Anyone who has ever gone away for a few weeks at a time knows how quickly the dust accumulates on all surfaces, including your houseplants. A speckling of soil on lower leaves is almost unavoidable when a fan or AC unit is turned on or a window is opened. Cleaning the leaves of your houseplants on a regular basis, though it may appear to be a tedious task, is essential. A layer of dust on the foliage will block sunlight and reduce the plant’s ability to photosynthesize, which is how the plant ultimately feeds itself.
A clean plant that is photosynthesizing at maximum capacity is a healthy plant that is more resistant to diseases and pest infestations. Cleaning the leaves of your houseplants on a regular basis actually saves you time and improves both the plant and the indoor environment.
How Often to Clean Your Houseplants
The frequency with which you clean houseplant leaves is determined by the amount of dust in your home. Houseplants in areas with dirt roads, ongoing construction, vacant lots, and a lot of wind will need to be cleaned on a regular basis, probably every other week or so. Rub your fingers on the leaves of a plant to see if it needs to be cleaned. It’s time to clean if you can feel or see more dust than you can blow away.
Though Leaf Shine products appear to be a quick way to cleaner, prettier plants, they can actually interfere with a plant’s ability to breathe and photosynthesize. Skip the Leaf Shine and instead rely on elbow grease.
What You’ll Need
Equipment / Tools
- Spray bottle
- Sprayer nozzle or hose
- Damp cloth
- Soft duster or brush
- Stiff brush
- Plastic wrap
- Dish detergent
- Household bleach
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How to Clean Houseplant Foliage
Wash the Plant With a Spray Nozzle
Moving medium to large houseplants to the kitchen sink, shower, or outdoors and hosing them down with a sprayer nozzle is the most convenient way to clean them. Maintain a low water pressure and test the water before spraying to ensure it is lukewarm—water that is too hot or cold can harm a plant’s leaves. As you spray, gently support the leaves or stems with your hand.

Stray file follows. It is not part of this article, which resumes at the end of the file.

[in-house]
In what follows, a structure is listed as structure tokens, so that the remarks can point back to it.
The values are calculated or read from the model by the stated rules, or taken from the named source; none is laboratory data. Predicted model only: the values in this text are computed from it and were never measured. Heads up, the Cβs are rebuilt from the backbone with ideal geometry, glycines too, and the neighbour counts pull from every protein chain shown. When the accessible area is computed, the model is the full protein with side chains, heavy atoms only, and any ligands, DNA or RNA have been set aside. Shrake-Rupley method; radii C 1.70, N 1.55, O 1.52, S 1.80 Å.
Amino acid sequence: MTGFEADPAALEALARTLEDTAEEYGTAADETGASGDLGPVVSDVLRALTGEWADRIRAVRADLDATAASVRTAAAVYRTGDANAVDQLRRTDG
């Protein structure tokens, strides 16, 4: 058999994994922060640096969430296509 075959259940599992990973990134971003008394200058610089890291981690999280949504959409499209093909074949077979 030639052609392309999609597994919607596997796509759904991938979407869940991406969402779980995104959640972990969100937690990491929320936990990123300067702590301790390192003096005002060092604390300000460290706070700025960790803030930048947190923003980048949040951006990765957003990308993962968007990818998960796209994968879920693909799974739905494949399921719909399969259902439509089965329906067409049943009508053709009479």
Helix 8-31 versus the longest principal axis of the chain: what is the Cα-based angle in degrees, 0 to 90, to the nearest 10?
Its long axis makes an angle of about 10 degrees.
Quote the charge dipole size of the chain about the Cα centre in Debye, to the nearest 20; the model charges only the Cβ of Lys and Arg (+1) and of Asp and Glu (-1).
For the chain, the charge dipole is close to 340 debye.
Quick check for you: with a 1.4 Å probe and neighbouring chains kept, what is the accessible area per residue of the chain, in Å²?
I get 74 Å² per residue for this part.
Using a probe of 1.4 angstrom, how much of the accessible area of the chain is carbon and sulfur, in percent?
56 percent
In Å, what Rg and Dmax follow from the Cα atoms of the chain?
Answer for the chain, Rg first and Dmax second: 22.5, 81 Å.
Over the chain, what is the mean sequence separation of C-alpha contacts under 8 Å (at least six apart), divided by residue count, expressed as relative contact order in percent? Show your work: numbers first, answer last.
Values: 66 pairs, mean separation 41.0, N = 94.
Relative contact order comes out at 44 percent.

Mist With a BottleMist With a Spray Bottle
A spray bottle is an excellent solution for plants that cannot withstand the force of a spray nozzle. Succulents, cacti, and bonsais are among the plants that benefit from a spray bottle misting.
Dunk the Plant in Water
Smaller plants can be cleaned by inverting them into a bucket of water and swishing the leaves under the water. Watering the soil ahead of time will help keep it from falling out when the pot is inverted. You could also wrap plastic wrap around the plant’s base to keep the soil contained while cleaning. Again, use lukewarm water and allow the plants to drip dry before repositioning them.
If your plants are particularly filthy, spray them with a diluted soapy water mixture and then hose them off or immerse them in a sink of clean water. 1 quart of water requires about 1/4 tablespoon dish soap. Plants that cannot be hosed down in the sink can be sprayed with clean, lukewarm water to remove the soap.
Wipe the Leaves
If the plant is too large to move, simply wipe the leaves clean with a damp cloth. This method is also effective with plants that have only a few leaves, such as young snake plants or banana plants. After the initial cleaning, you can help prevent dust from accumulating on the leaves by dusting them with a soft duster whenever you dust your furniture or floors.
Use a Soft Brush
Some plants have sticky or fuzzy leaves that are difficult to clean, while others, such as African violets, dislike getting their leaves wet. In these cases, a soft brush, such as a mushroom brush, can be used to gently coax the dust from the leaves.
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Tips for Keeping Tidy Houseplants
Cleaning plants is also an excellent time to tidy them up by removing any dead, brown, or yellowing leaves. Remove a leaf by hand if it comes loose easily. Otherwise, clean sheers or scissors should be used. Never attempt to remove a firmly attached, resistant leaf. Remove only the browned leaf tips from plants that have been left too dry. When cutting, follow the natural contour of the leaves to make the plant look more natural.
After all of your hard work cleaning your plants, you should take the time to make sure your pots look good as well. If a white layer of salt or minerals has formed on the outside or rim of a pot, remove the plant and thoroughly clean the pot. Wash the pot with a 1 part bleach to 10 parts water diluted bleach solution. Scrub the salt residue away with a stiff brush, then thoroughly rinse the pot before repotting your plant. To prevent future buildup on pots, flush the soil with water and allow it to drain completely on a regular basis.